I didn’t understand this question. How change in beta affects the location of the red line?

Increasing beta will give higher weight to data at previous timestep. This means that as we increase beta, the curve will shift towards the right since you’re paying more attention to what was a timestep earlier.

So, the 1st option shouldn’t be selected.

Another way to think is, if beta = 0, then, v(t) = theta(t) i.e. the curve remains wrt time.

If beta = 1, v(t) = v(t-1) i.e. shifted right.

@balaji.ambresh has it right with *Increasing beta will give higher weight to data at previous timestep*. But I found it difficult to visualize how that translates into shape of the curve. Here’s a visualization I made using random noise data (not the actual London data referenced in the quiz)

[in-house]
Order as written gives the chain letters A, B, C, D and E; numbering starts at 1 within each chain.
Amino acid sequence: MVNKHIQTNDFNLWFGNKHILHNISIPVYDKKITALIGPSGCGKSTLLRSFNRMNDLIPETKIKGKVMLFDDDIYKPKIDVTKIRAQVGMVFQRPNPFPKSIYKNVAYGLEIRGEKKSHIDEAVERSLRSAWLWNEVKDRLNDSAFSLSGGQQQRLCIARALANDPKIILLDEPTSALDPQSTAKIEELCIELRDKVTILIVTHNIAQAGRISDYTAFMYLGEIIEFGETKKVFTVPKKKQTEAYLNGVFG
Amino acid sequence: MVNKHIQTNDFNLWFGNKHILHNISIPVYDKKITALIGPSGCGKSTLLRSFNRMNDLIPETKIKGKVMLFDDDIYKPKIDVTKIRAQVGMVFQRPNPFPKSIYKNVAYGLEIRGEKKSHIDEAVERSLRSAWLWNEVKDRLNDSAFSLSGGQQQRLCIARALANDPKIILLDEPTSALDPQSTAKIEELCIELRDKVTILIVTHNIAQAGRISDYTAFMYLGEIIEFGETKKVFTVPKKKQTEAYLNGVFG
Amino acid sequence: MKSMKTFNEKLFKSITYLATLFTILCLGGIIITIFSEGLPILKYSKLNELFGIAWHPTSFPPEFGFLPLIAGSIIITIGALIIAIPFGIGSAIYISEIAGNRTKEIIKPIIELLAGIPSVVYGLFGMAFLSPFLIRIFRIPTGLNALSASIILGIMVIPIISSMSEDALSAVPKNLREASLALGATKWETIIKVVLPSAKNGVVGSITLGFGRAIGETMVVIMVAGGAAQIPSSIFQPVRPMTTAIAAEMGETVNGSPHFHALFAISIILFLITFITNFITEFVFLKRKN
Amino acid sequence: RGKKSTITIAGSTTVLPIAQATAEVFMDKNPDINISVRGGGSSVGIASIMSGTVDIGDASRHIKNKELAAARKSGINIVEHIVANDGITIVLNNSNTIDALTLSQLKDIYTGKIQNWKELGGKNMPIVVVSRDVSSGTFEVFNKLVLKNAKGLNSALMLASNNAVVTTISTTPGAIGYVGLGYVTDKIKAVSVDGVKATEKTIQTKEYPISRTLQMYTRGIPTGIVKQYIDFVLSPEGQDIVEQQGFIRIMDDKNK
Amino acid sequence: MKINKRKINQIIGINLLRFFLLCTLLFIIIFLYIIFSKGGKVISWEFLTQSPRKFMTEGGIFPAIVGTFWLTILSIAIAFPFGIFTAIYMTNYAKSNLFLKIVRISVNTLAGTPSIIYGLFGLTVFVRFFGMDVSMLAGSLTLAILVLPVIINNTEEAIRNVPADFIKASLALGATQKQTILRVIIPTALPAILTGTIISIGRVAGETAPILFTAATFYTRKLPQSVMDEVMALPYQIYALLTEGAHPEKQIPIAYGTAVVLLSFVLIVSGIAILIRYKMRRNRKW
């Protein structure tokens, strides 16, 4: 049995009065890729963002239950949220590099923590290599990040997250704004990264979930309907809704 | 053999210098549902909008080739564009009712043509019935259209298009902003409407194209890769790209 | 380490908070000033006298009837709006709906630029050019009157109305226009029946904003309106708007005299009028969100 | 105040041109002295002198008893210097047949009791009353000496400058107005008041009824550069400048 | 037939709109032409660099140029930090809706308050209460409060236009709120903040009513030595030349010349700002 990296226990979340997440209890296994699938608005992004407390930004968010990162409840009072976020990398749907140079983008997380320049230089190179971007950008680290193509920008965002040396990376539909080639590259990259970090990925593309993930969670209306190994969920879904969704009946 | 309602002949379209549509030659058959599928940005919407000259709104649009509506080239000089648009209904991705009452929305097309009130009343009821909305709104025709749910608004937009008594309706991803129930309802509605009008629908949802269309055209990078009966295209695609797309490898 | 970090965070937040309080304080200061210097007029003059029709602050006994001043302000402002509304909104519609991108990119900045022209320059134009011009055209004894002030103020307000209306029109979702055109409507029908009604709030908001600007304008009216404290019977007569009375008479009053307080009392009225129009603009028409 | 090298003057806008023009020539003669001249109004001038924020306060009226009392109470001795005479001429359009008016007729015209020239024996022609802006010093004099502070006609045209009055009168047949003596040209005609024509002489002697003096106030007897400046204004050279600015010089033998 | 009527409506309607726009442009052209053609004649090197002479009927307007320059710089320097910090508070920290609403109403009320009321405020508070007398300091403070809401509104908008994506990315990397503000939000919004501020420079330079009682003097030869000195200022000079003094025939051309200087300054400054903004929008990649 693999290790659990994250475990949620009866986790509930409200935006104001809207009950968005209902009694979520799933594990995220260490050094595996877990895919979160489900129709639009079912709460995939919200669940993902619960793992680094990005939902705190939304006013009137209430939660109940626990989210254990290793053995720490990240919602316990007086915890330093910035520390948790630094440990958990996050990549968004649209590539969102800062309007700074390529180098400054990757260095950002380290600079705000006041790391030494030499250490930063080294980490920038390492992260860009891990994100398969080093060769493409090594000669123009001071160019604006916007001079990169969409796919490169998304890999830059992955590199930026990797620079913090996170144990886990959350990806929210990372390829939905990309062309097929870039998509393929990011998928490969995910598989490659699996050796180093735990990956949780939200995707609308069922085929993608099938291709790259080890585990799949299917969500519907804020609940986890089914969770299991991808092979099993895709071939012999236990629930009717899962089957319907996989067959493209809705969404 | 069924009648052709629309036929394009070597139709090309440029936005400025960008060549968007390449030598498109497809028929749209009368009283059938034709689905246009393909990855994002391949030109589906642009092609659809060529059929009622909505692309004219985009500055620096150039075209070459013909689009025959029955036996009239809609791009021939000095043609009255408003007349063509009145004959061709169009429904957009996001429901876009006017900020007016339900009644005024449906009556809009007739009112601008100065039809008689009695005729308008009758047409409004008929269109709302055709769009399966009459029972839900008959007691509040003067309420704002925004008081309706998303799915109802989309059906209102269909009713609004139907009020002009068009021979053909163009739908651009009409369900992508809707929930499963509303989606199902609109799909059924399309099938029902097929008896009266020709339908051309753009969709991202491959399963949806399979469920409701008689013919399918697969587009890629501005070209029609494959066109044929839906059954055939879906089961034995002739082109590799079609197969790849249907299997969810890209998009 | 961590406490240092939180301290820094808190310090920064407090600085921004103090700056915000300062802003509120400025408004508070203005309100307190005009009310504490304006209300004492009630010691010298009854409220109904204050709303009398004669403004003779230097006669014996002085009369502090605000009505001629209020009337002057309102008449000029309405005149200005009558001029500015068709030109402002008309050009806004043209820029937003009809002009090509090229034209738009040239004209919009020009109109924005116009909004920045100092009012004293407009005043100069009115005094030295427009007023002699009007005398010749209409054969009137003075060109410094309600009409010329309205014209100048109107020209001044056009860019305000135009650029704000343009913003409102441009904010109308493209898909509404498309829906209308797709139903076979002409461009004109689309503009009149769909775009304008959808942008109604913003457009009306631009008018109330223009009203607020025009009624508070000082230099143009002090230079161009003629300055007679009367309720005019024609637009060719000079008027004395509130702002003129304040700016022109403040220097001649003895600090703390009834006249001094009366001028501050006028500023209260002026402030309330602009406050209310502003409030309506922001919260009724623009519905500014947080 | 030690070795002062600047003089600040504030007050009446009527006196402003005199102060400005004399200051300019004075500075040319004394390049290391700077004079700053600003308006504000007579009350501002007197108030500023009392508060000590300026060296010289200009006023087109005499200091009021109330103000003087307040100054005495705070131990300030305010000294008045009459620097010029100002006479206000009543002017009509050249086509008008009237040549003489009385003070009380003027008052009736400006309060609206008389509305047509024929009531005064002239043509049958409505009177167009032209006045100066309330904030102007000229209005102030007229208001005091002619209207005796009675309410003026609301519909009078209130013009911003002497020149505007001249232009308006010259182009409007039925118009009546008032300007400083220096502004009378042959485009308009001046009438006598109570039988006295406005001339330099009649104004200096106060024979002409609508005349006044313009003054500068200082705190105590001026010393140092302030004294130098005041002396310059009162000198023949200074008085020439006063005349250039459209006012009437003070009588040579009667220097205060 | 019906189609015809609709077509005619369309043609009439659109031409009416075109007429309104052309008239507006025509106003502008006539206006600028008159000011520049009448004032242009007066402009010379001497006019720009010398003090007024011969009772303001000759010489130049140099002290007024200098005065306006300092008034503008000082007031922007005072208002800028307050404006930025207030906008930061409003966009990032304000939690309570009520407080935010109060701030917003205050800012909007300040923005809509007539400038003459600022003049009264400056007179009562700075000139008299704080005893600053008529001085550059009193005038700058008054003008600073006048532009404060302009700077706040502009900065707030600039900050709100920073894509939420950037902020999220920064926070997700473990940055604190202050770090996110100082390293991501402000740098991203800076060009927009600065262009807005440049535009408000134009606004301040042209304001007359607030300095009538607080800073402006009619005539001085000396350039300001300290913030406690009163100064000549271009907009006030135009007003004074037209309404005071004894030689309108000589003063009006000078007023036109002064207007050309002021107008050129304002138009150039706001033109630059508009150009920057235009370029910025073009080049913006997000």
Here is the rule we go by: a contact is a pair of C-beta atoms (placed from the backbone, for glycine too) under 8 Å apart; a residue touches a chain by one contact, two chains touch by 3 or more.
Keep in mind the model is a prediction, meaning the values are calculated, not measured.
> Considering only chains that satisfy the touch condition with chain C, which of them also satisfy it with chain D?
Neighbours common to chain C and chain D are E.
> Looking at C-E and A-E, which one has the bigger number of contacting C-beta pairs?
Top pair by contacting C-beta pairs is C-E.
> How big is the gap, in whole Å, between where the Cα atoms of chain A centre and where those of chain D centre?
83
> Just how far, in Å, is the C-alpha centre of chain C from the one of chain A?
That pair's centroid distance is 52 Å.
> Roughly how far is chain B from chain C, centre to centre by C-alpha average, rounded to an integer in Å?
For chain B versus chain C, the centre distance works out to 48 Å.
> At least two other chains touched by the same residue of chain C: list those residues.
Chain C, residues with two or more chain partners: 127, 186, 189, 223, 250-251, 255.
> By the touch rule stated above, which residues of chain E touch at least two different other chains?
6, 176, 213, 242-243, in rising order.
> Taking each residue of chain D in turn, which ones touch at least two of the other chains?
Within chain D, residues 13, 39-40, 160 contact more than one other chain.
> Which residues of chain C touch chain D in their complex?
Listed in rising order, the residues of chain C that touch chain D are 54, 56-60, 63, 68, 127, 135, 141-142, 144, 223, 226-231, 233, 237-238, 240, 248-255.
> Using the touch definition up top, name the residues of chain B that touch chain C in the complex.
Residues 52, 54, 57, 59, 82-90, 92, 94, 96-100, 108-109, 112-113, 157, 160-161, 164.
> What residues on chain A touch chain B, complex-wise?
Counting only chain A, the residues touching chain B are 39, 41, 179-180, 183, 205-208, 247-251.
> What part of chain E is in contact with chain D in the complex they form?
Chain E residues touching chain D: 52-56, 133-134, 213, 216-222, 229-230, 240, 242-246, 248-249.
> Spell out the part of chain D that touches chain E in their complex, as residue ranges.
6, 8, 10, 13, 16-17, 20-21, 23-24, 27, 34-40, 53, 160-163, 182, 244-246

The dots are the raw data. The red line is \beta = 0.4. The green line is \beta = 0.9. And the blue line is \beta = 1.0.

\beta weights the contribution of the previous time period. At the lower limit of \beta = 0, there is no contribution of the previous period, and the weighted line tracks the raw data exactly. At the upper limit of \beta = 1, each value is exactly equal to the previous value, in other words a flat line. As \beta increases the curve of v_t becomes flatter, which means it reaches a given value at a later period (which is what is meant by moving to the right). As \beta decreases the curve of v_t tracks \theta_t more closely and reaches a given value sooner (moving to the left). Hope this helps.